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Home: Winnipeg, Manitoba, Canada
About Me: I used to believe that evolution was reasonable, that homosexuality was genetic, and that people became Christians because they couldn't deal with the 'reality' that this life was all there was. I used to believe, that if there was a heaven - I could get there by being good - and I used to think I was more or less a good person. I was wrong on all counts. One day I finally had my eyes opened and I saw that I was not going to go to heaven, but that I was certainly going to suffer the wrath of God for all my sin. I saw myself as a treasonous rebel at heart - I hated God for creating me just to send me to Hell - and I was wretched beyond my own comprehension. Into this spiritual vacuum Jesus Christ came and he opened my understanding - delivering me from God's wrath into God's grace. I was "saved" as an adult, and now my life is hid in Christ. I am by no means sinless, but by God's grace I am a repenting believer - a born again Christian.
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Daniel's posts are almost always pastoral and God centered. I appreciate and am challenged by them frequently. He has a great sense of humor as well.
- Marc Heinrich
His posts are either funny or challenging. He is very friendly and nice.
- Rose Cole
[He has] good posts, both the serious like this one, and the humorous like yesterday. [He is] the reason that I have restrained myself from making Canadian jokes in my posts.
This post contains nothing that is of any use to me. What were you thinking? Anyway, it's probably the best I've read all day.
- David Kjos
Daniel, nicely done and much more original than Frank the Turk.
- Jonathan Moorhead
There are some people who are smart, deep, or funny. There are not very many people that are all 3. Daniel is one of those people. His opinion, insight and humor have kept me coming back to his blog since I first visited earlier this year.
- Carla Rolfe
| The Power in God's Command.
|I had coffee with a brother in the Lord this weekend, and as we are inclined to do, we spoke of matters concerning the tragic trajectory that modern Christianity seems to be taking, and again about the perceived or imagined causes of, and possible solutions to arrest the trend.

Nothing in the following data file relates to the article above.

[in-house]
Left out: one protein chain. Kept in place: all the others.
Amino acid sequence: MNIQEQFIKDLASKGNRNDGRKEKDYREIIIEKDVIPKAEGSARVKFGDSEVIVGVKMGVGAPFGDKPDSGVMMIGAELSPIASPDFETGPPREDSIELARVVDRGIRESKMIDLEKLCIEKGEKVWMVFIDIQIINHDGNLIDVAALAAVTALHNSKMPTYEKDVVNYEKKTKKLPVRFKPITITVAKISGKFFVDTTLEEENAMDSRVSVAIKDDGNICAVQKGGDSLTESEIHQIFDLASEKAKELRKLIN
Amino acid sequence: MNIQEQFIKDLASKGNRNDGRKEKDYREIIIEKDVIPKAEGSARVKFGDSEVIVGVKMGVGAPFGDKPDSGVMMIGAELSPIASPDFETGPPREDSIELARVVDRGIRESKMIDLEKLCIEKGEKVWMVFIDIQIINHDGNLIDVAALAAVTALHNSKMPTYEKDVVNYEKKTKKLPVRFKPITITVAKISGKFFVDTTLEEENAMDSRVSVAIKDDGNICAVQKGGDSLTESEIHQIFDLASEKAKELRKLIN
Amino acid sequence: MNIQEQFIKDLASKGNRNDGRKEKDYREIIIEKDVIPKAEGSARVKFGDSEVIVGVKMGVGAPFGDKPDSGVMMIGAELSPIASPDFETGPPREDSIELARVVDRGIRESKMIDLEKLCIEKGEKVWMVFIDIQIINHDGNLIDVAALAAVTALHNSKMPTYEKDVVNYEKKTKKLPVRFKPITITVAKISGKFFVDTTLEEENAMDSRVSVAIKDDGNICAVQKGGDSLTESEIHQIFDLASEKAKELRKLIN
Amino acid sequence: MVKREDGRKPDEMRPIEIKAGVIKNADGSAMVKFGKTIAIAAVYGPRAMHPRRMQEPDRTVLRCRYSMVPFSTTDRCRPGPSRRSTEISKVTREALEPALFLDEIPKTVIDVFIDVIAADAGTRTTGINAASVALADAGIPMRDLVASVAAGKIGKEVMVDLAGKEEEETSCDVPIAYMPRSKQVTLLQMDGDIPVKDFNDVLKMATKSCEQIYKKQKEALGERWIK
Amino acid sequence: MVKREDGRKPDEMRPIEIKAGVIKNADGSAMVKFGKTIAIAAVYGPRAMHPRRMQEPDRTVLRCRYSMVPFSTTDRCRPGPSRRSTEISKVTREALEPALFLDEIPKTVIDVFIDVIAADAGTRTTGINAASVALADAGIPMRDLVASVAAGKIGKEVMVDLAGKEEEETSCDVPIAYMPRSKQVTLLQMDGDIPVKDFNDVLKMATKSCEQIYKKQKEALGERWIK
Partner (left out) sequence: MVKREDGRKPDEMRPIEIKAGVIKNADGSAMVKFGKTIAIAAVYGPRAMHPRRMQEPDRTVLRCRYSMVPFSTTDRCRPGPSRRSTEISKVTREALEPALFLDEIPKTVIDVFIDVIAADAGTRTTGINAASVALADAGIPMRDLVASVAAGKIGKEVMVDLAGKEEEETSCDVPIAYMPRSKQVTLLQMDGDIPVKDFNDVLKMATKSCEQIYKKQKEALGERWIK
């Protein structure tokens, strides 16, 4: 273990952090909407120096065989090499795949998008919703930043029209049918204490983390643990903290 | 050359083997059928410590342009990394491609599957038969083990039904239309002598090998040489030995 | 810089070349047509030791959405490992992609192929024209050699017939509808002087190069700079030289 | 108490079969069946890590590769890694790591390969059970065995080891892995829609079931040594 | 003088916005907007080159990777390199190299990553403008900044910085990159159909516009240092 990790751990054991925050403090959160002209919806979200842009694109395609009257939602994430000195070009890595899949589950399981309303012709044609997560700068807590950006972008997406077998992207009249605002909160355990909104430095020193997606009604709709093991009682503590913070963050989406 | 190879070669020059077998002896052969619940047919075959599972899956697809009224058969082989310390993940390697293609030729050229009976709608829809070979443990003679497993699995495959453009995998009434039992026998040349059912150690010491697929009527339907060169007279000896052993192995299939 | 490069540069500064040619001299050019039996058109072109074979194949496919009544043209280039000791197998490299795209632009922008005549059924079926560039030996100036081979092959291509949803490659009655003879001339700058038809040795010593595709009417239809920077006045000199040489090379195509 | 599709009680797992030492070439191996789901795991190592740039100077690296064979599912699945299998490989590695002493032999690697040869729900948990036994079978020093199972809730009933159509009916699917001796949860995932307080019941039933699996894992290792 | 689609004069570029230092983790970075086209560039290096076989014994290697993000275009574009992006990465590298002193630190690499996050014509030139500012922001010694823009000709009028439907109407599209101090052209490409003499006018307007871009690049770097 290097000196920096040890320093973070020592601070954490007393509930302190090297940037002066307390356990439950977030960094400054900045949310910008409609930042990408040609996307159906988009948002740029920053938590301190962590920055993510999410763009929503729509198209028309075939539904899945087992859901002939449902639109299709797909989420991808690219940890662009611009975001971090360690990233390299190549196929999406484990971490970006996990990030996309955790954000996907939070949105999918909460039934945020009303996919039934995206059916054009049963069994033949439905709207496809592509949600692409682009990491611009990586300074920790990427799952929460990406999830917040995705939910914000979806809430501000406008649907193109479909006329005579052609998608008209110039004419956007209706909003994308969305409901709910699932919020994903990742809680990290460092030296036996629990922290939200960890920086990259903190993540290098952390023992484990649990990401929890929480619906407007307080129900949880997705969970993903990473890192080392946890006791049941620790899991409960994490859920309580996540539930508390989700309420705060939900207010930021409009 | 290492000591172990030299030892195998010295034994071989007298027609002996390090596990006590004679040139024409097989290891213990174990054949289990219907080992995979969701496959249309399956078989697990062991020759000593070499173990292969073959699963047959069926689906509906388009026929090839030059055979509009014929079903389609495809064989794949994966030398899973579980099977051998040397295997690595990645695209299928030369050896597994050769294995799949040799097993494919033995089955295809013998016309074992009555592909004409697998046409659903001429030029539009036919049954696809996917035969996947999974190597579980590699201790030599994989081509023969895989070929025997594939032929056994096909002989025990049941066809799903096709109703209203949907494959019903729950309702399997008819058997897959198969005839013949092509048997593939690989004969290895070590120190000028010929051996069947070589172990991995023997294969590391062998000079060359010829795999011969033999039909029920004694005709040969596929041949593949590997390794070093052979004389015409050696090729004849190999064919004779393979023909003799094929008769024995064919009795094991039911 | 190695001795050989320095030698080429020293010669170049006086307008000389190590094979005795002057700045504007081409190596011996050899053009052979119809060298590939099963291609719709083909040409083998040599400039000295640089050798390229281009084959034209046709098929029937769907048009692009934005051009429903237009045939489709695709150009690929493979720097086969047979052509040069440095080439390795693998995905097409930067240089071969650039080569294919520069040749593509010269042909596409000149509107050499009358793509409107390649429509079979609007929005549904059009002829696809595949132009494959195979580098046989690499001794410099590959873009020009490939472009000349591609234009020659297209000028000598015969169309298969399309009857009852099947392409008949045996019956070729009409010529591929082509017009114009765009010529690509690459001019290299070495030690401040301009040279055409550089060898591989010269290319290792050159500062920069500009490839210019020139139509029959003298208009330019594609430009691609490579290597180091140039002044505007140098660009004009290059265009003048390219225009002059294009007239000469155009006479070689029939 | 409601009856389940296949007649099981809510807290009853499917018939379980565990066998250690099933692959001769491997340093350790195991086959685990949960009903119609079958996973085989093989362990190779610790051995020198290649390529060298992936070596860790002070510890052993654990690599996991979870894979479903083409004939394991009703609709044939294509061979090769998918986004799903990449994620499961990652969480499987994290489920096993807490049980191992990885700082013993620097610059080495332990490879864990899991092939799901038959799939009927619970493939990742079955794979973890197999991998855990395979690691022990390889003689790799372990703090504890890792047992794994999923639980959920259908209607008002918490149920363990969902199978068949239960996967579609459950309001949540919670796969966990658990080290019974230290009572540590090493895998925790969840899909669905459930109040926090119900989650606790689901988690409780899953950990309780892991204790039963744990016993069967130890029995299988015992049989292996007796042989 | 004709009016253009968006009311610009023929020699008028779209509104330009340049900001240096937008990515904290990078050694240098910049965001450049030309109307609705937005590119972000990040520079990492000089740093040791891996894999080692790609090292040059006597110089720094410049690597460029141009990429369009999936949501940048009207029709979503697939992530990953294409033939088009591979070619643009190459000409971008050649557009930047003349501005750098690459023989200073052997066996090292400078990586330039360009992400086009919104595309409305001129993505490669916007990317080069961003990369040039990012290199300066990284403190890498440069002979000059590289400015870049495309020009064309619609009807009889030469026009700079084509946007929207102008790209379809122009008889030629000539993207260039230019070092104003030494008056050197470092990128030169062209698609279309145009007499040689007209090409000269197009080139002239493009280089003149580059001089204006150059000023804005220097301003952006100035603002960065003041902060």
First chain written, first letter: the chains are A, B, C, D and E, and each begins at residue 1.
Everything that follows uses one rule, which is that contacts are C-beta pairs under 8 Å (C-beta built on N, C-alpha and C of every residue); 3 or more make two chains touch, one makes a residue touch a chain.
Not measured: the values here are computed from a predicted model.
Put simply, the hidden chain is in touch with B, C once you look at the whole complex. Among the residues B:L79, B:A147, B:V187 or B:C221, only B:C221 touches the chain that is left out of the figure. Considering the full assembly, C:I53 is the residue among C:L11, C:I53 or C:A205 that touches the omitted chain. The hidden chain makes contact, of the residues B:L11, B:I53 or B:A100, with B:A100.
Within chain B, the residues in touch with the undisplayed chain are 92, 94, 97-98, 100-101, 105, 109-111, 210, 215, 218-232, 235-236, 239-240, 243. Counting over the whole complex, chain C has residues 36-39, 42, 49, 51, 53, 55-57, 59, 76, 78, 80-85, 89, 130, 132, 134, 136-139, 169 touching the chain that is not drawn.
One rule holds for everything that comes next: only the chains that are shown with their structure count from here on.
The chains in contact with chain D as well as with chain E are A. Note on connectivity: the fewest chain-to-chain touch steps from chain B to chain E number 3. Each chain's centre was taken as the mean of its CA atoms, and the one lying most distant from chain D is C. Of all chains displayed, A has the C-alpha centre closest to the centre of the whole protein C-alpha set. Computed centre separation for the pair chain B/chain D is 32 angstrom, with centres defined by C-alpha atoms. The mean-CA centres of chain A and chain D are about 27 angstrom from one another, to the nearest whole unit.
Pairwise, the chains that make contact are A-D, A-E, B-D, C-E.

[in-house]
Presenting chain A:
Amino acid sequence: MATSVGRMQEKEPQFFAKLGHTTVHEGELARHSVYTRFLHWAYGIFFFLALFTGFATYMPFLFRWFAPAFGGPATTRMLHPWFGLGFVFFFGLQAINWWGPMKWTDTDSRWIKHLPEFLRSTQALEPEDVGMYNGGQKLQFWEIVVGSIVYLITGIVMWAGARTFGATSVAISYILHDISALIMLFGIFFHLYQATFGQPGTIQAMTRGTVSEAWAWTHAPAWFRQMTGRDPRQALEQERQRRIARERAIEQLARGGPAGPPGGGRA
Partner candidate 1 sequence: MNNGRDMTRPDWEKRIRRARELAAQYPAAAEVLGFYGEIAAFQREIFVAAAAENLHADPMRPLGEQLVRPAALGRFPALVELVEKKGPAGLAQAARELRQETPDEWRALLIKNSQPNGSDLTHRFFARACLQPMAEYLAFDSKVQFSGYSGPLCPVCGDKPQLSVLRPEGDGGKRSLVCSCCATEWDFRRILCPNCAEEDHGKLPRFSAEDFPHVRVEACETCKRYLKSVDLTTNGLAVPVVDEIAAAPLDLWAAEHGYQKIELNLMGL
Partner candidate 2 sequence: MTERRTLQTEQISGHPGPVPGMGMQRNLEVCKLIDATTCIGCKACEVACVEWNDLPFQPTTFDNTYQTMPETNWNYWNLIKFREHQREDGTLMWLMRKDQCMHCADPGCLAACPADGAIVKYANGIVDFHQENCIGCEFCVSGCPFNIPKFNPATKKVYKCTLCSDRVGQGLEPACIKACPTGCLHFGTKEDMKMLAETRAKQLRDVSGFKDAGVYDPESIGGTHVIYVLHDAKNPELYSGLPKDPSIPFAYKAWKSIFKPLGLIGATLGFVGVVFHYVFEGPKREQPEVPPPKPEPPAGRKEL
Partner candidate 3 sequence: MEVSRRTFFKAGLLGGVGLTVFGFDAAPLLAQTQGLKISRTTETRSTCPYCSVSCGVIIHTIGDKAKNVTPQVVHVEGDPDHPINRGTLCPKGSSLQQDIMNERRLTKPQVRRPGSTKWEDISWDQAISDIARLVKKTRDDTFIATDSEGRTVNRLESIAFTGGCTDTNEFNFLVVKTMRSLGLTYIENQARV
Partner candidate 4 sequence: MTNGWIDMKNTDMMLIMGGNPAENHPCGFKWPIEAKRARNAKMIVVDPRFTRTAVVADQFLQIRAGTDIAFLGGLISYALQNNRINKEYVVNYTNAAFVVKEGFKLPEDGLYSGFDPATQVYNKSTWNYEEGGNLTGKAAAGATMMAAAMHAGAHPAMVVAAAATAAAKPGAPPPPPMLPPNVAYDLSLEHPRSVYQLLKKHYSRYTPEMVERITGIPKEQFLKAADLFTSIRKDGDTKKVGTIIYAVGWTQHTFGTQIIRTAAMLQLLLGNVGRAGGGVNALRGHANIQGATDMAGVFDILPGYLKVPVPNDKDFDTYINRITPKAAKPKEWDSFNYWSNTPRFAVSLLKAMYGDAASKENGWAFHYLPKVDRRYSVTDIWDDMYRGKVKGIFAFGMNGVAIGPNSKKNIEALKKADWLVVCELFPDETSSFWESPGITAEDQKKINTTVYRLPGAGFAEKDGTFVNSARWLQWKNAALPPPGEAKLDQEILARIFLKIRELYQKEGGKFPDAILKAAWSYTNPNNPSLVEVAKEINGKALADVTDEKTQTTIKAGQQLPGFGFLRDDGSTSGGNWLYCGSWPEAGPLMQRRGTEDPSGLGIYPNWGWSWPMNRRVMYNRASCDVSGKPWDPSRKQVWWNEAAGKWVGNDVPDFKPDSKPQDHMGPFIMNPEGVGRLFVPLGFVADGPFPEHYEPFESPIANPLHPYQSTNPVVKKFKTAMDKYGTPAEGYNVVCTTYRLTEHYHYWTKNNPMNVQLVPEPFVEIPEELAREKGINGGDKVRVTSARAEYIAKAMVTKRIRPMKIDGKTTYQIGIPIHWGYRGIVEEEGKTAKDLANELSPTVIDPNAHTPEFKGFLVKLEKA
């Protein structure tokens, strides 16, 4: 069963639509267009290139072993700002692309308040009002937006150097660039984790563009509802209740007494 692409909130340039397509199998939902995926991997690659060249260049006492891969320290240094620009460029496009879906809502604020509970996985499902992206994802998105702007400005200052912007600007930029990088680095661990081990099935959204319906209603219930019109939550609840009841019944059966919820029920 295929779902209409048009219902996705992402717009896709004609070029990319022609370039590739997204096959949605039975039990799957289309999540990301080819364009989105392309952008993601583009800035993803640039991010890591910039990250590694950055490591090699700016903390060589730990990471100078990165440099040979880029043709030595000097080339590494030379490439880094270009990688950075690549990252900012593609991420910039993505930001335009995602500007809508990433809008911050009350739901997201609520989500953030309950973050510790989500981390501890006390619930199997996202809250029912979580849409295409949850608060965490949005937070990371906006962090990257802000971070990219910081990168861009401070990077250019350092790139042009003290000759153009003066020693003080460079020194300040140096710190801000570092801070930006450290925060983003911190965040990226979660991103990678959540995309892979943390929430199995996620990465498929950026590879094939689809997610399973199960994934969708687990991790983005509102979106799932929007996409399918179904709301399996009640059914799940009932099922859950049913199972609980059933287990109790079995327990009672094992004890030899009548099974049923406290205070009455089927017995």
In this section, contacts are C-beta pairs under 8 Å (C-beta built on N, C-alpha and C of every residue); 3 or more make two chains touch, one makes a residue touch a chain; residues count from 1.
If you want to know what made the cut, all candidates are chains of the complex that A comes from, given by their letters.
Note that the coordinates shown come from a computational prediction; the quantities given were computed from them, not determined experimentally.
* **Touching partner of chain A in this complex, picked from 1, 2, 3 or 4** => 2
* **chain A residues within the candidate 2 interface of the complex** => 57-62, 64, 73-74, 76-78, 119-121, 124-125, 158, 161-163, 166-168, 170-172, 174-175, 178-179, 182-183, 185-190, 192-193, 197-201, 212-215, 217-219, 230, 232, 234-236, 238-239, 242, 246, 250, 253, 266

We agreed that the main problem was immaturity - at a time when believers ought to be full grown, they are still infantile in their faith. For some it is because they believe themselves to have attained what they came to the church to get: eternal life. They believe they have found the "correct" religion, and have believed all that is required of them to secure for themselves a deliverance from a hellish afterlife; and having attained what they came to get, they are not just treading water by attending church - maintaining the status quo, until they receive what they perceive to be their reward.
Such as these aren't drawing near to God, because they didn't become Christians to know of draw near to God, they became Christians because they wanted to escape the wrath to come. Insofar as they judge themselves to have escaped that wrath, they find themselves content, and have no further desire to draw any nearer to God. They love the Lord with their lips, but their hearts are far from Him because they didn't become to know God, to love Him and to submit themselves to His rule, they became a Christian to escape the consequences of their sin (i.e. their rebellion against God's rule). Ironically, in practice, they ignore God's rule in their day to day live, and rather live by whatever the lowest common denominator of conduct happens to be in their congregation - and consider themselves to be secure thereby.